This basic foundation about the identity and the access was there, giving access to all the employees, from all the hundred and thirty plus different local IT organizations, we found it very easy then to leverage on that platform. So, we started integrating other applications, so either global group applications, or sometimes very local applications. Now, we are having about a hundred plus applications connected to Okta and using Okta as the digital access management to those applications. All those applications are targeting the employees, plenty of applications.
And Okta is now being extended to be used outside of the organisation, where it could become the access point for customer facing applications. Tahani said:
What we’re about to actually work on … and this is something on which we started working with some of our business organizations … is more to use Okta for the customers, either B2C, or B2B customers, to try to integrate some existing or new applications being developed in the frame of Engie Digital that range in on what we already built with the Okta platform.
Extending beyond the four walls
Delava explained the importance of Okta to Engie’s digital strategy, within this context. He said:
We started with the employees. Initially, we selected Okta just to do office 365, because to hide, I would say, the on-premise, legacy complexity and present Engie as a single company, even though we’re very de-centralized, with plenty of different IT teams and IT systems. Present ourselves as a single company towards Microsoft. That’s where we went to Okta, because we had a good deal with Okta, we pretty much discovered, well, okay, let’s add more applications, because everybody’s in the universal directory for the first time in our history.
Then the second step is, and we’re looking at that now, and we’re discussing what’s on the commercials, on how can we use it for the B2B and the B2C. First of all, B2B: Of thousands of customers, if you look at B2C, a company like Engie, we’re in the millions. So, we’re not there yet.
Okta isn’t yet being used for the B2C or B2B side of the business, but Delava gave an example of how it could be utilised within this context. He said:
In terms of application, for example, as we work on energy efficiency, we do intelligent building management systems, for example. That’s a good example, because there you have the association of sensors that measure the consumption of gas, electricity, and water in the building, and measure the temperatures, and so on. Then you aggregate the data and do some data analysis.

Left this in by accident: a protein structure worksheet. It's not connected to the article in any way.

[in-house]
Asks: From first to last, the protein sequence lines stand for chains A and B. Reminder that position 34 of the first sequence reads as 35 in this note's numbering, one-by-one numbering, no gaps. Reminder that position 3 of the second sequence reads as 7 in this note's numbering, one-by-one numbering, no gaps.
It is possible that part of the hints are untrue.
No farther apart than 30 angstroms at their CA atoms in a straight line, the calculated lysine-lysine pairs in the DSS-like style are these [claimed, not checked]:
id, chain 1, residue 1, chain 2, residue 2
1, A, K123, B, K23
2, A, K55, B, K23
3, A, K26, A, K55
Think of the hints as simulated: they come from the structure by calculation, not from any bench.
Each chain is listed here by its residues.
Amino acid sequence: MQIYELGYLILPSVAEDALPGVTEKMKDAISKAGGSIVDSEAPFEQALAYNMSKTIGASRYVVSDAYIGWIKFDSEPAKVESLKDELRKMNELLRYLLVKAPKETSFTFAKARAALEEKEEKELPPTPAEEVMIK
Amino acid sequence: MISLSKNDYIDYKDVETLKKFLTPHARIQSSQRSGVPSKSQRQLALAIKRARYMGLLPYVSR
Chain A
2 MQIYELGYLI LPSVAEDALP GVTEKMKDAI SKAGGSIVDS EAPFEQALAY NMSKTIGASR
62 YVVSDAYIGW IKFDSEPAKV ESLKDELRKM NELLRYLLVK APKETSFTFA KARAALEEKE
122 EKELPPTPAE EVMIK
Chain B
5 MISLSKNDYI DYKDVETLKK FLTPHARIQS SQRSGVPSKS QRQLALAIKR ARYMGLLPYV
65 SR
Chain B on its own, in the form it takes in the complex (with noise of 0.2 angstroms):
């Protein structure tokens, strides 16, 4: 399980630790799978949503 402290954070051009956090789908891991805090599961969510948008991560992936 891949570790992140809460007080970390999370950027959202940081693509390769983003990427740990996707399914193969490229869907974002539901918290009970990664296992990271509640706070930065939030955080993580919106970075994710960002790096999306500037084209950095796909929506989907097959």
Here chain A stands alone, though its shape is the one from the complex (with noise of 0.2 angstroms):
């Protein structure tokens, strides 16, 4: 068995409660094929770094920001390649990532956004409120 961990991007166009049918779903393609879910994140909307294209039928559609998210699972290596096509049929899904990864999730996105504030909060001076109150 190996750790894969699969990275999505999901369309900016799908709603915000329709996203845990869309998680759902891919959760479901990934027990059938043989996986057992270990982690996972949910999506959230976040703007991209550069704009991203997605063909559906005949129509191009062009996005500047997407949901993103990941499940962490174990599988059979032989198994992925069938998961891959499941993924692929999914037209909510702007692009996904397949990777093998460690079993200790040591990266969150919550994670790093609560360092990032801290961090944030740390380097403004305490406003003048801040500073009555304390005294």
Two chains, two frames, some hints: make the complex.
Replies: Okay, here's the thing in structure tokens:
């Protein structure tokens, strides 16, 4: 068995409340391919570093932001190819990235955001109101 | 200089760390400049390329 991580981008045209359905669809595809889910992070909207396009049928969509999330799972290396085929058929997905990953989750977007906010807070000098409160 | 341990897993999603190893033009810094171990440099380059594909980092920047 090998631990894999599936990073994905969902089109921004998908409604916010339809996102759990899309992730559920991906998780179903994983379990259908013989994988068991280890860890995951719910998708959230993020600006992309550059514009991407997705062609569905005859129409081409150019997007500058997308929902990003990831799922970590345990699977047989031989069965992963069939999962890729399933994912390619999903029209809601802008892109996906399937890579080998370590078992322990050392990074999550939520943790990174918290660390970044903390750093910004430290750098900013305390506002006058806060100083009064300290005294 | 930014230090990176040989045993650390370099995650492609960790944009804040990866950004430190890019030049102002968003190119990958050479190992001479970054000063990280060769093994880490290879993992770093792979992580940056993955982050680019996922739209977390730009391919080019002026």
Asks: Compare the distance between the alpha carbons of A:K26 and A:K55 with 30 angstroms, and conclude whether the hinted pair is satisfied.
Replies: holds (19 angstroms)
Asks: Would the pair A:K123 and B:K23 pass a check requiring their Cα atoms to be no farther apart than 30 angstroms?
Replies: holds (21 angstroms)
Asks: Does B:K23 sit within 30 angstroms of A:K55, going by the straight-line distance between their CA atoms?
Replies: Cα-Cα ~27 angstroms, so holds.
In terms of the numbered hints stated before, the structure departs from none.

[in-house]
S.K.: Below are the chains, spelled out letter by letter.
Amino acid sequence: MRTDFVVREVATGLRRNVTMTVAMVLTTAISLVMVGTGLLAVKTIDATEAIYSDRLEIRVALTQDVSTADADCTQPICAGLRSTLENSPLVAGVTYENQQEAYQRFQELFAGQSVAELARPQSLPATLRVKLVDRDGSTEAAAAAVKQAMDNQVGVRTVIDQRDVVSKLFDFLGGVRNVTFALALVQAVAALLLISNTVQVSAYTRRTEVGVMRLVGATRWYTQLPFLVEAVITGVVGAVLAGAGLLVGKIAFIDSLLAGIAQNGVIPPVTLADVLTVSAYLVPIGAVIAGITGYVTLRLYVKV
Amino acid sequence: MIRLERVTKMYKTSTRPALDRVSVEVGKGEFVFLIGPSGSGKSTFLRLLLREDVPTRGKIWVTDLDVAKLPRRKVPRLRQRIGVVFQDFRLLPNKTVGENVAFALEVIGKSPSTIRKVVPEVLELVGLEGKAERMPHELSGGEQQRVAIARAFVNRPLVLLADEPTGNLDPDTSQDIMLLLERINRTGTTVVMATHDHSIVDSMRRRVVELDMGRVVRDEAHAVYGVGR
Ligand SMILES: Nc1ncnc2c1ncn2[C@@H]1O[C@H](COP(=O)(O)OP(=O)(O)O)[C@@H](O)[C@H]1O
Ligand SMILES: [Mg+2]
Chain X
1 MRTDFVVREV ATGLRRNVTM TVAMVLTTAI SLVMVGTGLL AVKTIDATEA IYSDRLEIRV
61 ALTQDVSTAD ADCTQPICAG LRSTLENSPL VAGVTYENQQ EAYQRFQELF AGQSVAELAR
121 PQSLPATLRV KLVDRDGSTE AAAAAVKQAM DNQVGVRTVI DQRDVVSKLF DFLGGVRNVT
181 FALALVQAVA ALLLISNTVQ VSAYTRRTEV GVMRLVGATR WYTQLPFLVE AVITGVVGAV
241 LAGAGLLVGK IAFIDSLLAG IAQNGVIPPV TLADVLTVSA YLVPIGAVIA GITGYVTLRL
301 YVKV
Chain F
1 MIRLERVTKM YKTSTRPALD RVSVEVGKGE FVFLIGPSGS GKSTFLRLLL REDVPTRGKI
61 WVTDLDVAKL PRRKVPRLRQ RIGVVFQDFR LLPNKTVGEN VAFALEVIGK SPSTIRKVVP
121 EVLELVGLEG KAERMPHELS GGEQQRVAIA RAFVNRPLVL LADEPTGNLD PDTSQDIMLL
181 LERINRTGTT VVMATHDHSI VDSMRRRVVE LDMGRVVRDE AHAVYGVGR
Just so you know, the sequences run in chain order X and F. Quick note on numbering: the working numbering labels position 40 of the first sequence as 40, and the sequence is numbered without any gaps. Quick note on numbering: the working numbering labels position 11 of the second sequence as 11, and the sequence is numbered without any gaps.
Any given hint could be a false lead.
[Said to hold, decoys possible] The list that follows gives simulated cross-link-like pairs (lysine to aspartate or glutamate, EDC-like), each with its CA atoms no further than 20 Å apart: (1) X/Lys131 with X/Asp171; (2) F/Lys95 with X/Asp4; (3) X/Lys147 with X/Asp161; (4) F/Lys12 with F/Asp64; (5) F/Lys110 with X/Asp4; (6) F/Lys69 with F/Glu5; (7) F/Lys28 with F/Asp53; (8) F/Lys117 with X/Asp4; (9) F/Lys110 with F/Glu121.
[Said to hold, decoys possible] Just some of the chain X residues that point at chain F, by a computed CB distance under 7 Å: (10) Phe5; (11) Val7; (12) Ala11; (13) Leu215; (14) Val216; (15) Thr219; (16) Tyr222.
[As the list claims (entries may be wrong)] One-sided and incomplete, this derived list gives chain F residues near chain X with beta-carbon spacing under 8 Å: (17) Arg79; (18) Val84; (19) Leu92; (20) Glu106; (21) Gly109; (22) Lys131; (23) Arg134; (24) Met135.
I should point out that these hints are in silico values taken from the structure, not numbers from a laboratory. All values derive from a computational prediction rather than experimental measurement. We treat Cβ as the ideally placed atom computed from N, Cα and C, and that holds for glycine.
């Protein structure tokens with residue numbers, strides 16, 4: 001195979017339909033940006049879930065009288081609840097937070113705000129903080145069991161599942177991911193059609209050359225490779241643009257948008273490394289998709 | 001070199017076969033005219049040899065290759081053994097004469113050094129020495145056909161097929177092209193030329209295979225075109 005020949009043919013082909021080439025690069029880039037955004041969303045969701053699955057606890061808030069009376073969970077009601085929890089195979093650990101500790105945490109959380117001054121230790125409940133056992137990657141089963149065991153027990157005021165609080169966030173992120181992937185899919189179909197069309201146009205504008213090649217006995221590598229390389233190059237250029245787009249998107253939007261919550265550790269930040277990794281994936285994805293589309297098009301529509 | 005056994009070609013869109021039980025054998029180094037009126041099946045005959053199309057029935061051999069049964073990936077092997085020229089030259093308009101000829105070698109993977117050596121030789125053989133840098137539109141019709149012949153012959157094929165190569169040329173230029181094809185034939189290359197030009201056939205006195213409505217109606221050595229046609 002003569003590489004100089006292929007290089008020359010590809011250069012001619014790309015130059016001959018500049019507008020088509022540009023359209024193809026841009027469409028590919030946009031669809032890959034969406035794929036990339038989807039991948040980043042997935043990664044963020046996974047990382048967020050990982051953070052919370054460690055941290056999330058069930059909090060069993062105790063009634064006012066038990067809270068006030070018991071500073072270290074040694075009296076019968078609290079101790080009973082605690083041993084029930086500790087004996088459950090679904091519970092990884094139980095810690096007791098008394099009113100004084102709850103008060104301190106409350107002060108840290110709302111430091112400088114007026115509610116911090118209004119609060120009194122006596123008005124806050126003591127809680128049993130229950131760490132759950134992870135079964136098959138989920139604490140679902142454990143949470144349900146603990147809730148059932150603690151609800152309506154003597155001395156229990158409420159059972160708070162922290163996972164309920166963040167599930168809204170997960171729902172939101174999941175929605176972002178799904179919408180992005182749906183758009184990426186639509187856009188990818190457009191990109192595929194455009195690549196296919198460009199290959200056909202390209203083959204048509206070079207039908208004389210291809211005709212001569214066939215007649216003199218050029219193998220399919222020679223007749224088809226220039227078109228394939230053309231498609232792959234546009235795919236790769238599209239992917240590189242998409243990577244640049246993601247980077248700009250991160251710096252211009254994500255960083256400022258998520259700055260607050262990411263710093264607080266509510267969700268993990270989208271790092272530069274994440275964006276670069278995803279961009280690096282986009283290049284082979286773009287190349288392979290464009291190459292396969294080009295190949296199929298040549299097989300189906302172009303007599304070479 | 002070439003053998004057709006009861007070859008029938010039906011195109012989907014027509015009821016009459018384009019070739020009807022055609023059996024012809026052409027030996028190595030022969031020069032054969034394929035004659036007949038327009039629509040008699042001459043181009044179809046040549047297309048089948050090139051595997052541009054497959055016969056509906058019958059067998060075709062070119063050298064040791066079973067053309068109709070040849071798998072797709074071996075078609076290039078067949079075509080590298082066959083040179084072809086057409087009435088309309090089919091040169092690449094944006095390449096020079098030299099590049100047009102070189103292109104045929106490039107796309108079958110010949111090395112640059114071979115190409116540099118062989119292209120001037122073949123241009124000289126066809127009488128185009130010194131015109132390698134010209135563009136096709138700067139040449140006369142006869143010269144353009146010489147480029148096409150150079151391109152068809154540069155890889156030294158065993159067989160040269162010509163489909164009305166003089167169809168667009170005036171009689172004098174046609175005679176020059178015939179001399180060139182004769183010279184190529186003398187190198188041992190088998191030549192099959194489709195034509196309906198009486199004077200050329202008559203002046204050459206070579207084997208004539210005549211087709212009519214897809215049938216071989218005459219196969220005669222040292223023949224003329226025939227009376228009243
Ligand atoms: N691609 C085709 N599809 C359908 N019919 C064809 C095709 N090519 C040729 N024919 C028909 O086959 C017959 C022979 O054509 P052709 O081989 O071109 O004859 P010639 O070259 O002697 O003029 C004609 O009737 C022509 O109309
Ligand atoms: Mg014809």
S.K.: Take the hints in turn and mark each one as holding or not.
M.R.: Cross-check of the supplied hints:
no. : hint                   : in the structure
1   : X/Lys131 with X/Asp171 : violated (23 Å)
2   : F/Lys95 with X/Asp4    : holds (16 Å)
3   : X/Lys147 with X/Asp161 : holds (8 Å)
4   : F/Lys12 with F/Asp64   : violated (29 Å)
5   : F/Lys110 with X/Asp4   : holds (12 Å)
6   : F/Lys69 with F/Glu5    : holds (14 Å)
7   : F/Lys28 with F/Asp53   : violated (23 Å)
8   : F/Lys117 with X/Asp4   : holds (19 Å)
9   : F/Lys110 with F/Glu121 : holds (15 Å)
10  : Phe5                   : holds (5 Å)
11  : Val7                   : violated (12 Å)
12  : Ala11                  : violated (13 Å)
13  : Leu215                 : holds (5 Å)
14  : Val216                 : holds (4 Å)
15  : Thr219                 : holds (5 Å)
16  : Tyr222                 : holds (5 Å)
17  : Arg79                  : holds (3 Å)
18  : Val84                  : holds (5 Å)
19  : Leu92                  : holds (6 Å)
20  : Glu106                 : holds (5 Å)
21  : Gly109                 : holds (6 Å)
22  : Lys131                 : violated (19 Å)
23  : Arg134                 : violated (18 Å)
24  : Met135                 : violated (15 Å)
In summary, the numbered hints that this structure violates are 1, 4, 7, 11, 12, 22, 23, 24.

I would say so the challenge there is that Engie provides facility management along with an application to the customers. If it could give those customers who are actually the guys in the buildings managing, turning up the heat, and doing the day-to-day work, that’s where you need to start being able to have the identity of the customers in your system. Technologies like Okta can help with that.
I was keen to find out from Tahani and Delava what advice they would give to other companies carrying out a similar transformation agenda, what advice the pair would give. Unsurprisingly, Engie’s key focus early on in the project was getting its data in order. Delava said:
Data quality, I would say, is very important.. And standardization of the definition of attributes. To give you an example, as we mentioned, we have more than one hundred active directories, as a result of mergers and acquisitions. There’s no two environments with the same attributes, with the same definition, like, “What is an internal employee versus a contractor?” And stuff like that. That’s an attention point.
We didn’t encounter a problem because I think we had the right approach, which is to define technical joining rules. It’s not just about deploying a connector a hundred times. It’s about preparing the local environment before it’s connected. For that, standardizing the attributes and having the same common definition, especially when you’re in seventy countries. So, there can be differences in terms of meaning of certain words – what’s an employee, and what’s a contractor, and so on and so forth.
Image credit - Image sourced via Engie website